Israel Prime Minister Benjamin Netanyahu’s record 12 years in office has come to an end, as the country’s parliament narrowly approved a new coalition government.
Naftali Bennett, the head of a small ultra-nationalist party, was sworn in as prime minister on Monday (Australian time) after 60-59 vote in parliament.
Mr Netanyahu immediately declared to stay on to fight the new government, and then took to Twitter to tell supporters “do not let your spirit fall. We’ll be back – and faster than you think”.
“If it is destined for us to be in the opposition, we will do it with our backs straight until we topple this dangerous government and return to lead the country in our way,” Mr Netanyahu told parliament.
“We’ll be back – soon,” he shouted.
The eight parties, including a small Arab faction that is making history by sitting in the ruling coalition, are united in their opposition to Mr Netanyahu and new elections. But they agree on little else.
They are likely to pursue a modest agenda that seeks to reduce tensions with the Palestinians and maintain good relations with the US without launching any major initiatives.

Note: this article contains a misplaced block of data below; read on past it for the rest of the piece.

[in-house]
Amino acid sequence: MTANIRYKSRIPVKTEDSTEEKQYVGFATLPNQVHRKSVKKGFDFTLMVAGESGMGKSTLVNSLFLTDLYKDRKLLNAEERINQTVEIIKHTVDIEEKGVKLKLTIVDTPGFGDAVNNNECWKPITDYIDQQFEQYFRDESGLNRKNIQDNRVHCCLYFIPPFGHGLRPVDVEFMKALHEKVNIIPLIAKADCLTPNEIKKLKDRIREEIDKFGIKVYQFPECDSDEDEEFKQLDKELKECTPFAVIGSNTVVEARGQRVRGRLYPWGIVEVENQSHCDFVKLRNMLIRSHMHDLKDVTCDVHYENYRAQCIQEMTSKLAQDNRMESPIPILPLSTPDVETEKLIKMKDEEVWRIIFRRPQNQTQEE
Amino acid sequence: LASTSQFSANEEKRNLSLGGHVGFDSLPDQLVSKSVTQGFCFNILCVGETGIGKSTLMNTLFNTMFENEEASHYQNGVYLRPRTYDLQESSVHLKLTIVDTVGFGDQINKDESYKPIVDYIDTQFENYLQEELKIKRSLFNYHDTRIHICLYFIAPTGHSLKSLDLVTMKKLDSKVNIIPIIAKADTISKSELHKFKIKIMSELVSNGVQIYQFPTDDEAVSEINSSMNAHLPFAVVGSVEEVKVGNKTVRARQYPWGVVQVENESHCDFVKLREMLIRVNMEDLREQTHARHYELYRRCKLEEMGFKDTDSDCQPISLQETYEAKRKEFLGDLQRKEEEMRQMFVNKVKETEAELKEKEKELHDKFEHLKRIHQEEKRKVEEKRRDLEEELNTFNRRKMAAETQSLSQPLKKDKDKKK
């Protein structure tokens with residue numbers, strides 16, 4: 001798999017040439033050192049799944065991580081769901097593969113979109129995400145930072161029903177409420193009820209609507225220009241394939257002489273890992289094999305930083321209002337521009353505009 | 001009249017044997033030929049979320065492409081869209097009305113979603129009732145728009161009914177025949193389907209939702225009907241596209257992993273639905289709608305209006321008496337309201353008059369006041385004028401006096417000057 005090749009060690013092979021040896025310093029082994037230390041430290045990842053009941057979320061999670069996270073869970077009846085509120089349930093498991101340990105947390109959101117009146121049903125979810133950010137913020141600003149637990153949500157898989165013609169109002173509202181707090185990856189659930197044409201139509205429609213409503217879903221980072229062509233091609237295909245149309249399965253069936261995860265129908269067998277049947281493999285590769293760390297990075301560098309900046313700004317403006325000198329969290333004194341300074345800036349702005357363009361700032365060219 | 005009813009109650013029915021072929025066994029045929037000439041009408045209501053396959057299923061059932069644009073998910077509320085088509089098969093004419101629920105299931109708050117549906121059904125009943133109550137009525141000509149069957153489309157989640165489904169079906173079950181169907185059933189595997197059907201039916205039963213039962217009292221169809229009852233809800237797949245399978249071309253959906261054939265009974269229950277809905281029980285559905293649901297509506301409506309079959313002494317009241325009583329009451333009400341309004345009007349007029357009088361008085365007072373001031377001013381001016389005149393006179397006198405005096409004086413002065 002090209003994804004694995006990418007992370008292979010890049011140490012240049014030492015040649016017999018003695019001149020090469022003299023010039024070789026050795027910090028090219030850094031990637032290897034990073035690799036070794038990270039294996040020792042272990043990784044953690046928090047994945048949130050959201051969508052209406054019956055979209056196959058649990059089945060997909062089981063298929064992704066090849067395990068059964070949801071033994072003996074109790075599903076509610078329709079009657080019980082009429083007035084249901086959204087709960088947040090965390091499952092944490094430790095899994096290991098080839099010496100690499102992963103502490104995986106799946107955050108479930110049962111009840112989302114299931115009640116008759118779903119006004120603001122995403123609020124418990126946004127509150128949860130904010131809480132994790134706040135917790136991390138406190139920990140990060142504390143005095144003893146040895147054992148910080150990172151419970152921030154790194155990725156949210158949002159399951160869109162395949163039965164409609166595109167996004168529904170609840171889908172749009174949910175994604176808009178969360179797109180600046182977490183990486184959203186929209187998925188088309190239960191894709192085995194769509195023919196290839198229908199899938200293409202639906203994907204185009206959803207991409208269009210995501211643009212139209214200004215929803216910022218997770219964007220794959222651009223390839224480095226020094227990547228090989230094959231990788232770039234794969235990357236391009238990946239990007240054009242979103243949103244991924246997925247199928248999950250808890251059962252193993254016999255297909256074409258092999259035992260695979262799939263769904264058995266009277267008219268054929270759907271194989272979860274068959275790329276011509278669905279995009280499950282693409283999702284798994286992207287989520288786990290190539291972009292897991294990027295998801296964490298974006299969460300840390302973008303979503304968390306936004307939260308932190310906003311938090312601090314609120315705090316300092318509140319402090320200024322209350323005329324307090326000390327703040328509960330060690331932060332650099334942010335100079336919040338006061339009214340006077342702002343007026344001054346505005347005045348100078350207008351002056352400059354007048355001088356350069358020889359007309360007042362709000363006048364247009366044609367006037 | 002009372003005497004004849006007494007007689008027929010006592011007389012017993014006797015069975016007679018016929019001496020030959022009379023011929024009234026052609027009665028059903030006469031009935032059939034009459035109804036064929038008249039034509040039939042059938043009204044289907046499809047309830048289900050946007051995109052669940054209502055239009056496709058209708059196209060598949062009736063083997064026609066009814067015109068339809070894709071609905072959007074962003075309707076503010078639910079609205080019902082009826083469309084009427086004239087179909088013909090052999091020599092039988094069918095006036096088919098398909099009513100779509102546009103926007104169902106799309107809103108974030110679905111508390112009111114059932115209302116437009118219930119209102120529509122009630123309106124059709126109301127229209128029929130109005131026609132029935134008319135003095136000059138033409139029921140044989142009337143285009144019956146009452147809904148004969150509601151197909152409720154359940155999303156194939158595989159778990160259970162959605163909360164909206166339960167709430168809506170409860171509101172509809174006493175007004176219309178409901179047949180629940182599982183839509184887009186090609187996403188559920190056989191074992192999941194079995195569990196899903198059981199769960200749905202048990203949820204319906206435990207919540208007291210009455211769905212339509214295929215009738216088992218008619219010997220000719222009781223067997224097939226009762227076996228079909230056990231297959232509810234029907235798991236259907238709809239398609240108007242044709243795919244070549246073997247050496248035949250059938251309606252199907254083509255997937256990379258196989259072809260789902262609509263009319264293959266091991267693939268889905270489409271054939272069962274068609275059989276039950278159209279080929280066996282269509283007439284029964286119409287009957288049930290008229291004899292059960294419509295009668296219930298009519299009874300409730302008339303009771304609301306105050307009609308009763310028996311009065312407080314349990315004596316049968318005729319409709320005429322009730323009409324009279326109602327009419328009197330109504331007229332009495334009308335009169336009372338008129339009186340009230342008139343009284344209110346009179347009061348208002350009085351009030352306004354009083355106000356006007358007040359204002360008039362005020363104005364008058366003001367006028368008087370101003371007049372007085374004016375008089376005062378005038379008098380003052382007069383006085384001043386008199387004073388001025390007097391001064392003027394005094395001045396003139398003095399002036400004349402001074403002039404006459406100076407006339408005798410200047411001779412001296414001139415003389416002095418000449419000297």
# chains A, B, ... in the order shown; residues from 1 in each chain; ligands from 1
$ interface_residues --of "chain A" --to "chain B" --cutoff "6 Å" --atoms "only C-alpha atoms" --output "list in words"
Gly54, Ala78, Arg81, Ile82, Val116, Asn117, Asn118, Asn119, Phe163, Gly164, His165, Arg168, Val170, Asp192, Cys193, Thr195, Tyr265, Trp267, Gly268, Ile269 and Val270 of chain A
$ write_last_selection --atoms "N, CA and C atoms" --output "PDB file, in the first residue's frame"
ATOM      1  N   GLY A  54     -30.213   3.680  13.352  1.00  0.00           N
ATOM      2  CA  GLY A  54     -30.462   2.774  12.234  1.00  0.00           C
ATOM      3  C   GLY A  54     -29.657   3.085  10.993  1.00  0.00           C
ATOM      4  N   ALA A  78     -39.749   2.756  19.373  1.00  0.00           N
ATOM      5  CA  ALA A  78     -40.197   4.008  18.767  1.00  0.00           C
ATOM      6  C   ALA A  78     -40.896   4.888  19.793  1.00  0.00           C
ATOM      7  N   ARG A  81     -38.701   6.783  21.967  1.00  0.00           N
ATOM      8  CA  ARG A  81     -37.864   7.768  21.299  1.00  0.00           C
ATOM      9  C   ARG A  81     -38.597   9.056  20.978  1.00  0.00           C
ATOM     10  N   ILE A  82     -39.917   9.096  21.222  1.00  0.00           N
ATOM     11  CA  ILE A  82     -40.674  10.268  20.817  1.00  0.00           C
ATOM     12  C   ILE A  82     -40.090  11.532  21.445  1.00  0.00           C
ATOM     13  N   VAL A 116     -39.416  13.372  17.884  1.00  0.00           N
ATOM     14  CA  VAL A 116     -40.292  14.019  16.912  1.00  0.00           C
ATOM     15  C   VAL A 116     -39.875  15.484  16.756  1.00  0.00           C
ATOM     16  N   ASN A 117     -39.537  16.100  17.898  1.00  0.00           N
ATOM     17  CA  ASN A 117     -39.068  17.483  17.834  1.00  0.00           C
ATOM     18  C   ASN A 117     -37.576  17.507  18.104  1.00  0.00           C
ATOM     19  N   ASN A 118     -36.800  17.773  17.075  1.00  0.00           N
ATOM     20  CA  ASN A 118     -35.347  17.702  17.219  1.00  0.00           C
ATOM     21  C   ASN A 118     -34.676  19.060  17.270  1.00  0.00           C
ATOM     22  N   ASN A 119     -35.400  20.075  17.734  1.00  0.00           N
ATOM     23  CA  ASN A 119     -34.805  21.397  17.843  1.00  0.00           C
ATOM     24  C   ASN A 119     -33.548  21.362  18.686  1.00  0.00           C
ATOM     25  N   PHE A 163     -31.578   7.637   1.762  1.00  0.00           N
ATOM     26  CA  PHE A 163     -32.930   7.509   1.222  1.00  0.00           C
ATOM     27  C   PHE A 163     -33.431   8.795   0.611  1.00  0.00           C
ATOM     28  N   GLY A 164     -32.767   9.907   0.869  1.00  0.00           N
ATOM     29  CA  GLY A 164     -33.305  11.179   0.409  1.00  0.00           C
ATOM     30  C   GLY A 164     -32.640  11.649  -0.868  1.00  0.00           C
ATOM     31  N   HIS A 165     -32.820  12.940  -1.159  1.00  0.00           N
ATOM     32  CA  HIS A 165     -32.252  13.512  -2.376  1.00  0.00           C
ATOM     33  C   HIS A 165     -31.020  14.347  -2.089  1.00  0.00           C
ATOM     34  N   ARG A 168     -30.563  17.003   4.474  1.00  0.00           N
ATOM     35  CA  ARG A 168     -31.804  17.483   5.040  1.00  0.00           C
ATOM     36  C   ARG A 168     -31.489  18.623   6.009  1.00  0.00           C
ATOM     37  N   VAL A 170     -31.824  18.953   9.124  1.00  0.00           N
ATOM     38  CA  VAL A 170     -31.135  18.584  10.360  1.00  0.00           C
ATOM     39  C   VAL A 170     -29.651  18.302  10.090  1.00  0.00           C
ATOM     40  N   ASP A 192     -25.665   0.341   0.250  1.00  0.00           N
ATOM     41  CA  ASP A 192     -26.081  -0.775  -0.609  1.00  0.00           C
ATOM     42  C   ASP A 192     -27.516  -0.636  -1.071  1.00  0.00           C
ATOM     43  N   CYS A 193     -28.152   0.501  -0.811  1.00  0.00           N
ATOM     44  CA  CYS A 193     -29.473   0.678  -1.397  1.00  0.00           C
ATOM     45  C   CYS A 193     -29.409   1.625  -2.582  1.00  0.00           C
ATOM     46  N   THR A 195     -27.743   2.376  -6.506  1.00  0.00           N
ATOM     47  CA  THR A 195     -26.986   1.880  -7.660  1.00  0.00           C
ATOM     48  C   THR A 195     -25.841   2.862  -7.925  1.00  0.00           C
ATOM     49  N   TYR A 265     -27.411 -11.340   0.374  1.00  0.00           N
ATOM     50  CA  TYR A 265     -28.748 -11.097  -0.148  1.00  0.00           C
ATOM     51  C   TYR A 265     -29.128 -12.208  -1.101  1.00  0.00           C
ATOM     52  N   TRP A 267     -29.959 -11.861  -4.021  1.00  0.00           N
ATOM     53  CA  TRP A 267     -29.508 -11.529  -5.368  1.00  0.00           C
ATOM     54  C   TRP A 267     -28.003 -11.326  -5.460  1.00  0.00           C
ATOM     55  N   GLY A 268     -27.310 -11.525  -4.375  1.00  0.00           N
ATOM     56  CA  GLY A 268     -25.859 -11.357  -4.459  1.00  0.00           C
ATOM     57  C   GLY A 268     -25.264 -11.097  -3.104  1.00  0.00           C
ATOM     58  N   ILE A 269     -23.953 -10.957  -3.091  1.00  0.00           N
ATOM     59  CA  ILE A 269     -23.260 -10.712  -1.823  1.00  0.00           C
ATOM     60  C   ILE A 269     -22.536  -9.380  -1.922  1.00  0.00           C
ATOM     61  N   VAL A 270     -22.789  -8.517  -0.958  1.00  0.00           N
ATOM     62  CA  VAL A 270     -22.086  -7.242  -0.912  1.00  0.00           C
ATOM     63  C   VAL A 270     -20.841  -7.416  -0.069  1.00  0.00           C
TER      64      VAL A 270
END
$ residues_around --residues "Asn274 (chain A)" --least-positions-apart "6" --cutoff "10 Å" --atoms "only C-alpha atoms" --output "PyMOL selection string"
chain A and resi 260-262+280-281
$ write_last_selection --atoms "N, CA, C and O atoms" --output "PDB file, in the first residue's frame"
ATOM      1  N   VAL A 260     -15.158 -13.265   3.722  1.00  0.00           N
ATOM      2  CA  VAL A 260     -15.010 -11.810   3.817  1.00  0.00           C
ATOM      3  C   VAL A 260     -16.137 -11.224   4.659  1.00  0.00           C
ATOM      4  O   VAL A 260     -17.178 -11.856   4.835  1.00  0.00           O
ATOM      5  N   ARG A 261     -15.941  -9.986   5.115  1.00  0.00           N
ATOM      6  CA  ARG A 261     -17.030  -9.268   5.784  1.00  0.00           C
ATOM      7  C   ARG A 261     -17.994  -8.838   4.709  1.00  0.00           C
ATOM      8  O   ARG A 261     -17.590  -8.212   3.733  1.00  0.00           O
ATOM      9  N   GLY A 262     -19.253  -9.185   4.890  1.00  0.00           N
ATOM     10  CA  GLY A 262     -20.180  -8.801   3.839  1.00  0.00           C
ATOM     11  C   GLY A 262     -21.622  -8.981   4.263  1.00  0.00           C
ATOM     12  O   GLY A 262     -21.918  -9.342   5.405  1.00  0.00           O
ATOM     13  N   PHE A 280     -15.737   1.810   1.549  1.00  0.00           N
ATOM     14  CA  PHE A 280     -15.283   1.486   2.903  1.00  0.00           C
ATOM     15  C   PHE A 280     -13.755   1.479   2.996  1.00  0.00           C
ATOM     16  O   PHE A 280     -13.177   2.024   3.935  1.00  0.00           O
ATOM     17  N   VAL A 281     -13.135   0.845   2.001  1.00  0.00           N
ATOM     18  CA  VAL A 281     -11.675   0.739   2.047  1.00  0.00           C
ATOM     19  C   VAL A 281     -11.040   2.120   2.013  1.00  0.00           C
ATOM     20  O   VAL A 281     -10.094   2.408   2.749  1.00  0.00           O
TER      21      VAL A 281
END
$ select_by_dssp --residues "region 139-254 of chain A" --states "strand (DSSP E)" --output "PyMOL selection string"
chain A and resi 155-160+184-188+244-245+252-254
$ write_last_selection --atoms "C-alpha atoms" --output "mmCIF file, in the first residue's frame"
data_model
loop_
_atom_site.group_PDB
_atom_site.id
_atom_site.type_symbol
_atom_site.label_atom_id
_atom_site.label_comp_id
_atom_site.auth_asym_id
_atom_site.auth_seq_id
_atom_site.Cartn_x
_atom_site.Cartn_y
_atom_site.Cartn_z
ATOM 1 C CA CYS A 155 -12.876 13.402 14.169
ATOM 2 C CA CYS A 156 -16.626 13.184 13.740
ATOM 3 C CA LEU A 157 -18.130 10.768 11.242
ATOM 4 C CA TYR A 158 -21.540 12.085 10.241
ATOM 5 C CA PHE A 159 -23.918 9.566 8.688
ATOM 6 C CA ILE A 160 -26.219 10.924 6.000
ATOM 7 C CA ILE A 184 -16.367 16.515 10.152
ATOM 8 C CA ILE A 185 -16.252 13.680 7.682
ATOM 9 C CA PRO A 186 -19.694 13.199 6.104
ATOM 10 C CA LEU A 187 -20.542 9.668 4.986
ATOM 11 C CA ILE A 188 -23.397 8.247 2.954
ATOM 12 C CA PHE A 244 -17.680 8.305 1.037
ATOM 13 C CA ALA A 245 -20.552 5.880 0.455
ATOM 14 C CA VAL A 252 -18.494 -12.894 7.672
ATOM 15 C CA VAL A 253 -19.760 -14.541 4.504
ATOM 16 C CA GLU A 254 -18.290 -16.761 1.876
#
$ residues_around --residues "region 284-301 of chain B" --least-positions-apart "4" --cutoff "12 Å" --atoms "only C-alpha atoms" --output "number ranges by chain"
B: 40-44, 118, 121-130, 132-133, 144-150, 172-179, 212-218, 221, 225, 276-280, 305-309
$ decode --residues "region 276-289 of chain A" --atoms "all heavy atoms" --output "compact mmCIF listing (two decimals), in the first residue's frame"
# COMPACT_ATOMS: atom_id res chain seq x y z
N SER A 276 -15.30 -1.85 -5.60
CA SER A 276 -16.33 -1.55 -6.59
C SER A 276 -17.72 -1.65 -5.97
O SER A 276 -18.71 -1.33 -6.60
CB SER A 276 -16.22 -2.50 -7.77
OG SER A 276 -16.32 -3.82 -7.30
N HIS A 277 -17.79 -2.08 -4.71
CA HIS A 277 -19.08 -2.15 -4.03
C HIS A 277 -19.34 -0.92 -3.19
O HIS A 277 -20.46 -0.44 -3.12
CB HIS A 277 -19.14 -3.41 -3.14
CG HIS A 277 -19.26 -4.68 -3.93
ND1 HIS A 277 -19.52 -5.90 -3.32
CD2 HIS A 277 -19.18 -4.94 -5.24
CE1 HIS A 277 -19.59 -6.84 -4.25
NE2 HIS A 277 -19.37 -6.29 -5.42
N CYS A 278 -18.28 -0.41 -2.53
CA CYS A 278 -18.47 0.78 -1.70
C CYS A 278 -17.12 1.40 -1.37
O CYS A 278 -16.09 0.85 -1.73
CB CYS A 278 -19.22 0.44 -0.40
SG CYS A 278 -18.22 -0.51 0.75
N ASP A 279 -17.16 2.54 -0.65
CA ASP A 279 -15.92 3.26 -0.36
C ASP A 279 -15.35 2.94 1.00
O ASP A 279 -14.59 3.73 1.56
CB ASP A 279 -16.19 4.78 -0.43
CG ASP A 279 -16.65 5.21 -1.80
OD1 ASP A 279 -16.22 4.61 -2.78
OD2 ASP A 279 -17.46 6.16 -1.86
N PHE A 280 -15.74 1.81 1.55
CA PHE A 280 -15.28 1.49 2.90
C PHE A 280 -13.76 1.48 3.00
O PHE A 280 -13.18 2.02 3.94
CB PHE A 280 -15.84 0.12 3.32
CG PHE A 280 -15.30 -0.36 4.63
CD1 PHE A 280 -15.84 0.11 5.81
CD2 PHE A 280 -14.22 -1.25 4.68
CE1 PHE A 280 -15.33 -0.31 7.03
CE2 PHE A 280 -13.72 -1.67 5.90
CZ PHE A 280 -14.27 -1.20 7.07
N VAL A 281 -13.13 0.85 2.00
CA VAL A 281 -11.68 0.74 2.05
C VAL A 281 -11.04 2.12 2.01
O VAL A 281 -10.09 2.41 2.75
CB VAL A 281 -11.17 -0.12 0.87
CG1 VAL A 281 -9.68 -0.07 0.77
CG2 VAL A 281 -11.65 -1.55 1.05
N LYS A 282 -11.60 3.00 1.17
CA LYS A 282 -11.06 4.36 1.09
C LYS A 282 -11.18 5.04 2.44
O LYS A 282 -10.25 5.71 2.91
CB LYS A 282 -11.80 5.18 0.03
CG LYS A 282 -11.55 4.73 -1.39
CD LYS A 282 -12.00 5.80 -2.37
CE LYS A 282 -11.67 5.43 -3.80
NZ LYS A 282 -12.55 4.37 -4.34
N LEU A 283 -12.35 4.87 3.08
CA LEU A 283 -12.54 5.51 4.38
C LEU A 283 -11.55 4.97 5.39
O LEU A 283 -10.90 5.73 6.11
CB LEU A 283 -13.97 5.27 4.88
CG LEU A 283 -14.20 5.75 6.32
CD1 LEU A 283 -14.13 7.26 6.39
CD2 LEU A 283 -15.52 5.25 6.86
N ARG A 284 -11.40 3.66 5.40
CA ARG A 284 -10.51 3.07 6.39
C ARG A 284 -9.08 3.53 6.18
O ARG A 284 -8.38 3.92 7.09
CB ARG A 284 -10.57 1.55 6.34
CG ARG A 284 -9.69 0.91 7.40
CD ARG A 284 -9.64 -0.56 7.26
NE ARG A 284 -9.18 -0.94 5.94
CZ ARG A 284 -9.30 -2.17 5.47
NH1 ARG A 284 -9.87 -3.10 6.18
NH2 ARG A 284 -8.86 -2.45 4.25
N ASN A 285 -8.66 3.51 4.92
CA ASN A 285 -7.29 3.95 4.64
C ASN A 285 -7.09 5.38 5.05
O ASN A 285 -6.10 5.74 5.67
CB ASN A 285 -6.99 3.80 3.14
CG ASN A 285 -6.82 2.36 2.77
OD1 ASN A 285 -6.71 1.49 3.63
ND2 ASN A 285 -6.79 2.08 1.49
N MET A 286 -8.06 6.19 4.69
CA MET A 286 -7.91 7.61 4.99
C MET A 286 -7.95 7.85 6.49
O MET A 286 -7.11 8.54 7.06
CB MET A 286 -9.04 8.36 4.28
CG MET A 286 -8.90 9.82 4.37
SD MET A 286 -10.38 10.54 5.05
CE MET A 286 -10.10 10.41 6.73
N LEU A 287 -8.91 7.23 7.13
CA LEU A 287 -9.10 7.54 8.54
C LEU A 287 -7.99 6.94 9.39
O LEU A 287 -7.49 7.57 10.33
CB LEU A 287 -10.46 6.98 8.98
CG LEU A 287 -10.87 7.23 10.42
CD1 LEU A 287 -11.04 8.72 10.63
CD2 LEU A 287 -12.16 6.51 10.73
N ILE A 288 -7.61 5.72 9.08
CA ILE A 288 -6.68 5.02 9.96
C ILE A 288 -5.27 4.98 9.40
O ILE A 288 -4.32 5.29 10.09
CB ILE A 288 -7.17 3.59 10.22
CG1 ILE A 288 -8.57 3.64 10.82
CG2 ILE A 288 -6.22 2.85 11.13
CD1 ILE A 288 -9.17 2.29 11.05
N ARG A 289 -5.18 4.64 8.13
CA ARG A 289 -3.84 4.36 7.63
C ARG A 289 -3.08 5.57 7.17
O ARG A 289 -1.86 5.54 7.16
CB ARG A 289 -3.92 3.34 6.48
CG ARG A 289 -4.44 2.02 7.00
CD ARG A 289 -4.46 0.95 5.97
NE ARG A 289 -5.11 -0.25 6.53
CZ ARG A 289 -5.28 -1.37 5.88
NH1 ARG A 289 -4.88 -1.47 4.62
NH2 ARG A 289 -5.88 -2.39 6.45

Mr Netanyahu sat silently during the vote. After it was approved, he stood up to leave the chamber, before turning around and shaking Mr Bennett’s hand.
A dejected Mr Netanyahu, wearing a black medical mask, briefly sat in the opposition leader’s chair before walking out.
The outgoing Prime Minister, who is on trial for corruption, remains the head of the largest party in parliament and is expected to vigorously oppose the new government.
If just one faction bolts, it could lose its majority and would be at risk of collapse, giving him an opening to return to power.
The country’s deep divisions were on vivid display as Mr Bennett addressed parliament ahead of the vote.
He was repeatedly interrupted and loudly heckled by supporters of Mr Netanyahu, several of whom were escorted out of the chamber.
Mr Bennett’s speech mostly dwelled on domestic issues, but he expressed opposition to US efforts to revive Iran’s nuclear deal with world powers.
“Israel will not allow Iran to arm itself with nuclear weapons,” Mr Bennett said, vowing to maintain Mr Netanyahu’s confrontational policy.
“Israel will not be a party to the agreement and will continue to preserve full freedom of action.”
Mr Bennett nevertheless thanked President Joe Biden and the US for its decades of support for Israel.
Yohanan Plesner, president of the Israel Democracy Institute, a nonpartisan think tank, said the new government will likely be more stable than it appears.
“Even though it has a very narrow majority, it will be very difficult to topple and replace because the opposition is not cohesive,” he said.
The new government is meanwhile promising a return to normalcy after a tumultuous two years that saw four elections, an 11-day Gaza war last month and a coronavirus outbreak that devastated the economy before it was largely brought under control by a successful vaccination campaign.